Water resource management in the U.S. has been dominated in recent decades by “hard path” centralized infrastructure solutions, including sewer collection systems and treatment plants, stormwater collection and underground storage tunnels, centralized water lines and filtration plants, and stream channeling and dams for flood control. And, permitting, funding, and management of these systems have been segregated into separate agencies, rather than integrated into a holistic watershed framework.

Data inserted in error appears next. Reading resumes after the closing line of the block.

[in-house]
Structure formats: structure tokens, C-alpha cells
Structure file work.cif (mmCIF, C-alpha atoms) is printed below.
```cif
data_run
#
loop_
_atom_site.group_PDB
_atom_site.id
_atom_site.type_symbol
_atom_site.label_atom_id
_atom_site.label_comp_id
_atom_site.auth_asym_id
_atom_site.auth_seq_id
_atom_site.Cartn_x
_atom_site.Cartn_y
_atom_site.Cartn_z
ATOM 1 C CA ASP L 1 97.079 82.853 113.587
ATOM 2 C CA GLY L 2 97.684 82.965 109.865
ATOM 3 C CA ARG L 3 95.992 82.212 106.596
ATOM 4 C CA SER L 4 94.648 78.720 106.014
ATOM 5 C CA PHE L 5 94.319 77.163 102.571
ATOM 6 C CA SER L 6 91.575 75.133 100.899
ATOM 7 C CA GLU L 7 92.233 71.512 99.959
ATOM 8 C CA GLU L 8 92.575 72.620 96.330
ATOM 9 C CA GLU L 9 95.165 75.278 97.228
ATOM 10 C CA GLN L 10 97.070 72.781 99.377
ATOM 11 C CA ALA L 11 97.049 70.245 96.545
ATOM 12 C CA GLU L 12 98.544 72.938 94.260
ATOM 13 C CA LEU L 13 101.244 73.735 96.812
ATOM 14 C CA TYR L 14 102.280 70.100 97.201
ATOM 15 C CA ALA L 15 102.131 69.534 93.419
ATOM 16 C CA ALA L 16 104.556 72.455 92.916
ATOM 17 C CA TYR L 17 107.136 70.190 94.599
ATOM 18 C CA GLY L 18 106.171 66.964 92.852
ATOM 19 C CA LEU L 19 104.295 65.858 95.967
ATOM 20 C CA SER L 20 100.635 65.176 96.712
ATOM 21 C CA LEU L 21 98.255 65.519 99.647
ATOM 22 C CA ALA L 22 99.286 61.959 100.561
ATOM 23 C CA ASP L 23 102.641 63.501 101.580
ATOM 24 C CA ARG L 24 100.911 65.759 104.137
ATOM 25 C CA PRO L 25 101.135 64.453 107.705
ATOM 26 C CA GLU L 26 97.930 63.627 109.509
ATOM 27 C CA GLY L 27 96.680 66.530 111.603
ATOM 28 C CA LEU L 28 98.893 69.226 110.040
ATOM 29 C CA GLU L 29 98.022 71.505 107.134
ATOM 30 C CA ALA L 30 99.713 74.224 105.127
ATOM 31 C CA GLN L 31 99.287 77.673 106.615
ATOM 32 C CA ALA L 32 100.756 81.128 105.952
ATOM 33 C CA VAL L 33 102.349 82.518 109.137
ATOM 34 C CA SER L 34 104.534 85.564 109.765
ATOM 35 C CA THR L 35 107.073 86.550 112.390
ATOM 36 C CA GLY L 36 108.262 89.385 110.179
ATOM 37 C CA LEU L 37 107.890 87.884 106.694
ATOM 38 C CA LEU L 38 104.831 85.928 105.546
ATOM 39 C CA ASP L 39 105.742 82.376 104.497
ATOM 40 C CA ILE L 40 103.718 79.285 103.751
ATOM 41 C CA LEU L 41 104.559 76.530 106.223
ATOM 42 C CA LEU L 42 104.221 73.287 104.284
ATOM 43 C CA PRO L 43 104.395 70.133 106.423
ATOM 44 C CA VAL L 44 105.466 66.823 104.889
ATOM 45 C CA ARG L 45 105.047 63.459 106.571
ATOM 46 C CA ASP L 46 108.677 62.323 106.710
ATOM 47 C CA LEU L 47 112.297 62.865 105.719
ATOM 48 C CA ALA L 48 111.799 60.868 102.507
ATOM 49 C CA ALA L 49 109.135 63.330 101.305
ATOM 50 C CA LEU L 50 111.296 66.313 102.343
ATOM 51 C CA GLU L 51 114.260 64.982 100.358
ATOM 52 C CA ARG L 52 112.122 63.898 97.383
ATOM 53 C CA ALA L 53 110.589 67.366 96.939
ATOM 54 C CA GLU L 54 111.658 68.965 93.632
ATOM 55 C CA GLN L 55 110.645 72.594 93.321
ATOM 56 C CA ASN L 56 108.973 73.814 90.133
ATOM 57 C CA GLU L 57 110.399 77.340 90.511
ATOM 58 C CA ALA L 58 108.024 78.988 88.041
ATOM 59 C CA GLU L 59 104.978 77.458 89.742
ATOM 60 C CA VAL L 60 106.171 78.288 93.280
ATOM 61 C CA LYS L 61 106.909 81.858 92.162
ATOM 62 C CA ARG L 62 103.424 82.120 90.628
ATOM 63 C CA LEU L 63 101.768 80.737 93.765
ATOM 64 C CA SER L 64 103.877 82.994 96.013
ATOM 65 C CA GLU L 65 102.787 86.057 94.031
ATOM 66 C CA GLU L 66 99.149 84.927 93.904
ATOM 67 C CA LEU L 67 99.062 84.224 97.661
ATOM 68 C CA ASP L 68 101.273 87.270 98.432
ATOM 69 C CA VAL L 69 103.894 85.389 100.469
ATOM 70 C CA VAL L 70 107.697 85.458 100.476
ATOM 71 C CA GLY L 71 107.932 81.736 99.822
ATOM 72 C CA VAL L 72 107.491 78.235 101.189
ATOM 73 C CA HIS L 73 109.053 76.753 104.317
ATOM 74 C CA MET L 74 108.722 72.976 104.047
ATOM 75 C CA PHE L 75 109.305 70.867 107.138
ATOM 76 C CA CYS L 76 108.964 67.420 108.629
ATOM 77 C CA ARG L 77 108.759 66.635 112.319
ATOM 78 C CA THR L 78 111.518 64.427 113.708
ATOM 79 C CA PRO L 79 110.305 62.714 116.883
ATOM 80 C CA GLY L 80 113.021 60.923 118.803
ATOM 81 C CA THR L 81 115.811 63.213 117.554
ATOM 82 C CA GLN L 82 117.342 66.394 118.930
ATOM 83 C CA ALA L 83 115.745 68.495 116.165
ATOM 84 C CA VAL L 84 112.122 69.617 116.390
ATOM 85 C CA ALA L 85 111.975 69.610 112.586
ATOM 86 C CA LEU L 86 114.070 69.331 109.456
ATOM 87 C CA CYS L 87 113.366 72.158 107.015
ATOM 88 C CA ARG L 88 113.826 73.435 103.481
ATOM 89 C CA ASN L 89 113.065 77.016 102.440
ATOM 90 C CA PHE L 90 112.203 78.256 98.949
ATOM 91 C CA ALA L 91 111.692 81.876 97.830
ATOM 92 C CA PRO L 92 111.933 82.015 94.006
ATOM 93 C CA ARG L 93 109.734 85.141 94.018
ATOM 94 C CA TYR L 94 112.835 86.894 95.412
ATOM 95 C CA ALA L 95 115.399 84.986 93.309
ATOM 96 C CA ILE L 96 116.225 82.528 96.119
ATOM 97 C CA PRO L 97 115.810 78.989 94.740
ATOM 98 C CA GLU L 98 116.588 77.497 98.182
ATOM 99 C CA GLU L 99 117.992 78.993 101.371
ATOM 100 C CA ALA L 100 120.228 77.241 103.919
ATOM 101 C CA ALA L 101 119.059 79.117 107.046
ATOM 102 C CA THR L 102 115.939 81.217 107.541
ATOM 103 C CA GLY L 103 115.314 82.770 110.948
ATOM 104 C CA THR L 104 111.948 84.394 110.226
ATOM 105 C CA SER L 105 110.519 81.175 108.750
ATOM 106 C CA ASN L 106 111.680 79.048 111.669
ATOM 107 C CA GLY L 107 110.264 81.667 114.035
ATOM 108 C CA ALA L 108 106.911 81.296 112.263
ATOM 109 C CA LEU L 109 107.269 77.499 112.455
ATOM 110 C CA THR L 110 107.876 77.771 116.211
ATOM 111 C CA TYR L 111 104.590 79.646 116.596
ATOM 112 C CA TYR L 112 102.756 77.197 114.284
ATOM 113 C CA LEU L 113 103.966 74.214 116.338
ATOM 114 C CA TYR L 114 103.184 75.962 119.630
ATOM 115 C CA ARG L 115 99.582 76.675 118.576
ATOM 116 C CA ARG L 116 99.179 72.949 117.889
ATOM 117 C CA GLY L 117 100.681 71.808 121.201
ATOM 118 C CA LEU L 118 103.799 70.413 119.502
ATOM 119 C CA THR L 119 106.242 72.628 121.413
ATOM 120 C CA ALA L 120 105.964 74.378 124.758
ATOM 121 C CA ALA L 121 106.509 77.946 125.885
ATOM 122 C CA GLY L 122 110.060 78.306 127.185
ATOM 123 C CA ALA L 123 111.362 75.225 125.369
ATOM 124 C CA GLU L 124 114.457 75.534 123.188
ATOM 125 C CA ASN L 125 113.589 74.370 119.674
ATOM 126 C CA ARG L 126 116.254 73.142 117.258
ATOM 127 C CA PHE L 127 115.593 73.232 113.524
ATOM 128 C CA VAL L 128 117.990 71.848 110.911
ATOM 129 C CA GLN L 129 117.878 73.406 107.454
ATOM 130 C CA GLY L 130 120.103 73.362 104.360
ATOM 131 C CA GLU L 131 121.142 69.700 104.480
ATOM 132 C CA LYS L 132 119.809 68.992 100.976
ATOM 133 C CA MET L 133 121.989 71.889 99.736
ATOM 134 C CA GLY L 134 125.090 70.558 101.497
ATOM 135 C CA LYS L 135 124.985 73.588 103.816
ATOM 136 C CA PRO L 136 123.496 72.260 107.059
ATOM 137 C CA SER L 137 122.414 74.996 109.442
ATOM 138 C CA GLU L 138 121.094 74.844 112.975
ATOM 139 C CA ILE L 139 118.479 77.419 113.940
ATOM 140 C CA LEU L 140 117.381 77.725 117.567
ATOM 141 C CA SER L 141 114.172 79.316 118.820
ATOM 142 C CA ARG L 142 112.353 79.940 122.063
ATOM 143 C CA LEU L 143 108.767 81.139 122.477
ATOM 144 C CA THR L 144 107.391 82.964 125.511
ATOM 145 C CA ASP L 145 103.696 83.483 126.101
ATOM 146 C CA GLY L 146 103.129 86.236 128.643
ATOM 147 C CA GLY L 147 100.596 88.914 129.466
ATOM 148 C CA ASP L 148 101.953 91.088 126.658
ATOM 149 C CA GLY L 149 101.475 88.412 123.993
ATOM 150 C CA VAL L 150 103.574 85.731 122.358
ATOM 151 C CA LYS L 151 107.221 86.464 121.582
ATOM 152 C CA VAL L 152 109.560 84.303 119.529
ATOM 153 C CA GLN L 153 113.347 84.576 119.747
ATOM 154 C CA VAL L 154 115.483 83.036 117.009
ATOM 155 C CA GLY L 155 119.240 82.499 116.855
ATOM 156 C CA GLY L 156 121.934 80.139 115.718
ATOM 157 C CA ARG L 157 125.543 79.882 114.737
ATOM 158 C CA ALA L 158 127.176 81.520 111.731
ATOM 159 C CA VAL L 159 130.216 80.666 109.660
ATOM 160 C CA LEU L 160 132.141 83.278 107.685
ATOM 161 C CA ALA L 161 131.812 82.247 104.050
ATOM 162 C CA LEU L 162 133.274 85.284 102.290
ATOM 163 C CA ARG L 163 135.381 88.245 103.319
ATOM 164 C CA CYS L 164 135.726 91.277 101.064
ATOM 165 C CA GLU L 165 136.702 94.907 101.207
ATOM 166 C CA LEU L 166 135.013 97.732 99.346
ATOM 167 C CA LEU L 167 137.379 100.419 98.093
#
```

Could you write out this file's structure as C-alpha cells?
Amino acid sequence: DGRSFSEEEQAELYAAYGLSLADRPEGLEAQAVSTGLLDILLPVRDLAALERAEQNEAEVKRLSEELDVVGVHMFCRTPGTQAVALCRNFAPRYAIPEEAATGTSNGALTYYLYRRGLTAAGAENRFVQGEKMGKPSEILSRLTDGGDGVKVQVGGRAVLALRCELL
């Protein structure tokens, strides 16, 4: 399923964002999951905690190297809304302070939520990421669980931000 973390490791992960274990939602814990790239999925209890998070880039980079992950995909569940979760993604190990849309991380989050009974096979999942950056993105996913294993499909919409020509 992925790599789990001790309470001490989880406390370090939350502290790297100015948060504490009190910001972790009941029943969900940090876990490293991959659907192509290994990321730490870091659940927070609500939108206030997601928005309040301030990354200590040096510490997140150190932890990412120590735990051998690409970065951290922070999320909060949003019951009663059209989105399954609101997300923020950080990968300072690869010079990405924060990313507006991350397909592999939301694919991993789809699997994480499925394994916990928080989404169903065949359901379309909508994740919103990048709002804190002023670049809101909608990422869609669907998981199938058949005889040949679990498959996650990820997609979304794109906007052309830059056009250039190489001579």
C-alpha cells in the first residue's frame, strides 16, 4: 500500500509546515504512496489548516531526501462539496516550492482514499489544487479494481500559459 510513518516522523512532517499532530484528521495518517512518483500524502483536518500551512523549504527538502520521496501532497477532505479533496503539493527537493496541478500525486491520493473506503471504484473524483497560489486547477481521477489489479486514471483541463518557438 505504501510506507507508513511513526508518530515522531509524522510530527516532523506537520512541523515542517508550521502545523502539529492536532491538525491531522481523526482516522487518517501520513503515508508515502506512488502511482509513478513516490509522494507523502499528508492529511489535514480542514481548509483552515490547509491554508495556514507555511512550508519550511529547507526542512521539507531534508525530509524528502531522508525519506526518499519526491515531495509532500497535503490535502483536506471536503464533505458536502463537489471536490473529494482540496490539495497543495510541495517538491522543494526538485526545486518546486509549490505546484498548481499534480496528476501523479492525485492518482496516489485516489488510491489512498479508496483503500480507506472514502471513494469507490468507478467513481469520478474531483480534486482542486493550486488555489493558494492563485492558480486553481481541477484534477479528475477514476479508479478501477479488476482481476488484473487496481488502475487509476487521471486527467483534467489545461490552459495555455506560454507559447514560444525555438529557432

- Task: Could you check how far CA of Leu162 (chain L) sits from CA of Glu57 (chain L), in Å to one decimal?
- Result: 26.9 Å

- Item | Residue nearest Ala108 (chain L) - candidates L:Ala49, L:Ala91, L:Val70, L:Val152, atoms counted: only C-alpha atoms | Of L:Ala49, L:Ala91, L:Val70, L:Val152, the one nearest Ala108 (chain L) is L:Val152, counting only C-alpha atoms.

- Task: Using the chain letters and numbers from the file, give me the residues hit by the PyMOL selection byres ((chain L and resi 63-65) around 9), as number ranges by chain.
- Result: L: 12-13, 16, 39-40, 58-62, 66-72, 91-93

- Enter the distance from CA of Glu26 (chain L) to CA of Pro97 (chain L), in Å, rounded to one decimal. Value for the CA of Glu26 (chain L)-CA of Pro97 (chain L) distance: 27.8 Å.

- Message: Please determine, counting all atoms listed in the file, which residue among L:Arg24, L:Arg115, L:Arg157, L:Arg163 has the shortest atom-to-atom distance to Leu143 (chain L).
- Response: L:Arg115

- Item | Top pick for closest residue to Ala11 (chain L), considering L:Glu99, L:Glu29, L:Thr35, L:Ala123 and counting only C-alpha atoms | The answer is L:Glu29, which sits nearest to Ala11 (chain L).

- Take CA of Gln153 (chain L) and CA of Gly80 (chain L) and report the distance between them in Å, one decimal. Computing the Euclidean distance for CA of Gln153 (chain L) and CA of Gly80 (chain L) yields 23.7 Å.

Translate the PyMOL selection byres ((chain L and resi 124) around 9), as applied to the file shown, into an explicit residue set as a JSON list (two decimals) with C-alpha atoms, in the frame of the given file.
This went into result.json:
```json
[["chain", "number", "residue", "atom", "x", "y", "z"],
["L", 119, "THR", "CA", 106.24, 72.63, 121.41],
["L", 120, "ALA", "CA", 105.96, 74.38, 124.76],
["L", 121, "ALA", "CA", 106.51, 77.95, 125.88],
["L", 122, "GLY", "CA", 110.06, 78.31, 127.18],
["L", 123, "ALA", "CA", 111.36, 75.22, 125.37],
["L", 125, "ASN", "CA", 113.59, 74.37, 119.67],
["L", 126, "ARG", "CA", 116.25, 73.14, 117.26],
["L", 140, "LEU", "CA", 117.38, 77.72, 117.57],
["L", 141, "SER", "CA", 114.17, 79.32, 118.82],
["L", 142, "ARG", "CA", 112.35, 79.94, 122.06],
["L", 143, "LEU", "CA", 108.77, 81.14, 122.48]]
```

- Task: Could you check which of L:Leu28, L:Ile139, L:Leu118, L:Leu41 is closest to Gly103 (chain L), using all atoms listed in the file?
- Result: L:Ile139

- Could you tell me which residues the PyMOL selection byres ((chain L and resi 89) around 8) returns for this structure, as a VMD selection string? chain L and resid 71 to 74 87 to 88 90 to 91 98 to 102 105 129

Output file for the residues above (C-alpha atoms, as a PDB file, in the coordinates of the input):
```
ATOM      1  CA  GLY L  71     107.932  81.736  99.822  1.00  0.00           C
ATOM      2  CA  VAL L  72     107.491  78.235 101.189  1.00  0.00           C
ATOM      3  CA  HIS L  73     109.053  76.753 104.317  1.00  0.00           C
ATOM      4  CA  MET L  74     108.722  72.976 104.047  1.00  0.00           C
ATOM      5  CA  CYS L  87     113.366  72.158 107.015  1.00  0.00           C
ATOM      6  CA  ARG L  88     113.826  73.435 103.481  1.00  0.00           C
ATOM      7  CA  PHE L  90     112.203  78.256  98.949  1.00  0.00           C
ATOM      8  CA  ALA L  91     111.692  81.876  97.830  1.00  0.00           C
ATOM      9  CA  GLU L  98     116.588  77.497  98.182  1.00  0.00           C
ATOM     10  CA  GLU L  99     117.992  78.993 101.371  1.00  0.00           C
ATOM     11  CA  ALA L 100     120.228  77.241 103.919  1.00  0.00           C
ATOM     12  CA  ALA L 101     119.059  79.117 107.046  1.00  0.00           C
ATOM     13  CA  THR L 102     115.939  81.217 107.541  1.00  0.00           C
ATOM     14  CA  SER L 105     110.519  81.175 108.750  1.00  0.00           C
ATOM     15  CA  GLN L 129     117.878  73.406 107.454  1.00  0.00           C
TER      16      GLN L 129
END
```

The premise of the workshop was that this reliance on centralized solutions constructed without regard to the broader watershed and groundwater forces at work in the ecosystem has cumulatively led to major unintended consequences and environmental damage. Sewer collection systems and point-source discharges, by moving locally supplied water and infiltration/inflow water great distances to point-source discharges have led to depleted aquifers, saltwater intrusion in the coastal zone, and dried-up streambeds. Sewer systems have also promoted growth and development, with large-scale increases in stormwater runoff, and leaking sewer pipes now constitute the single greatest source of drinking water microbial contamination. Channeling to control floods has also led to disruptions in natural systems for water purification. And, finally, failure to fully utilize cost-effective water efficiency and distributed water reuse measures exacerbates the surface and groundwater impacts of water supply systems.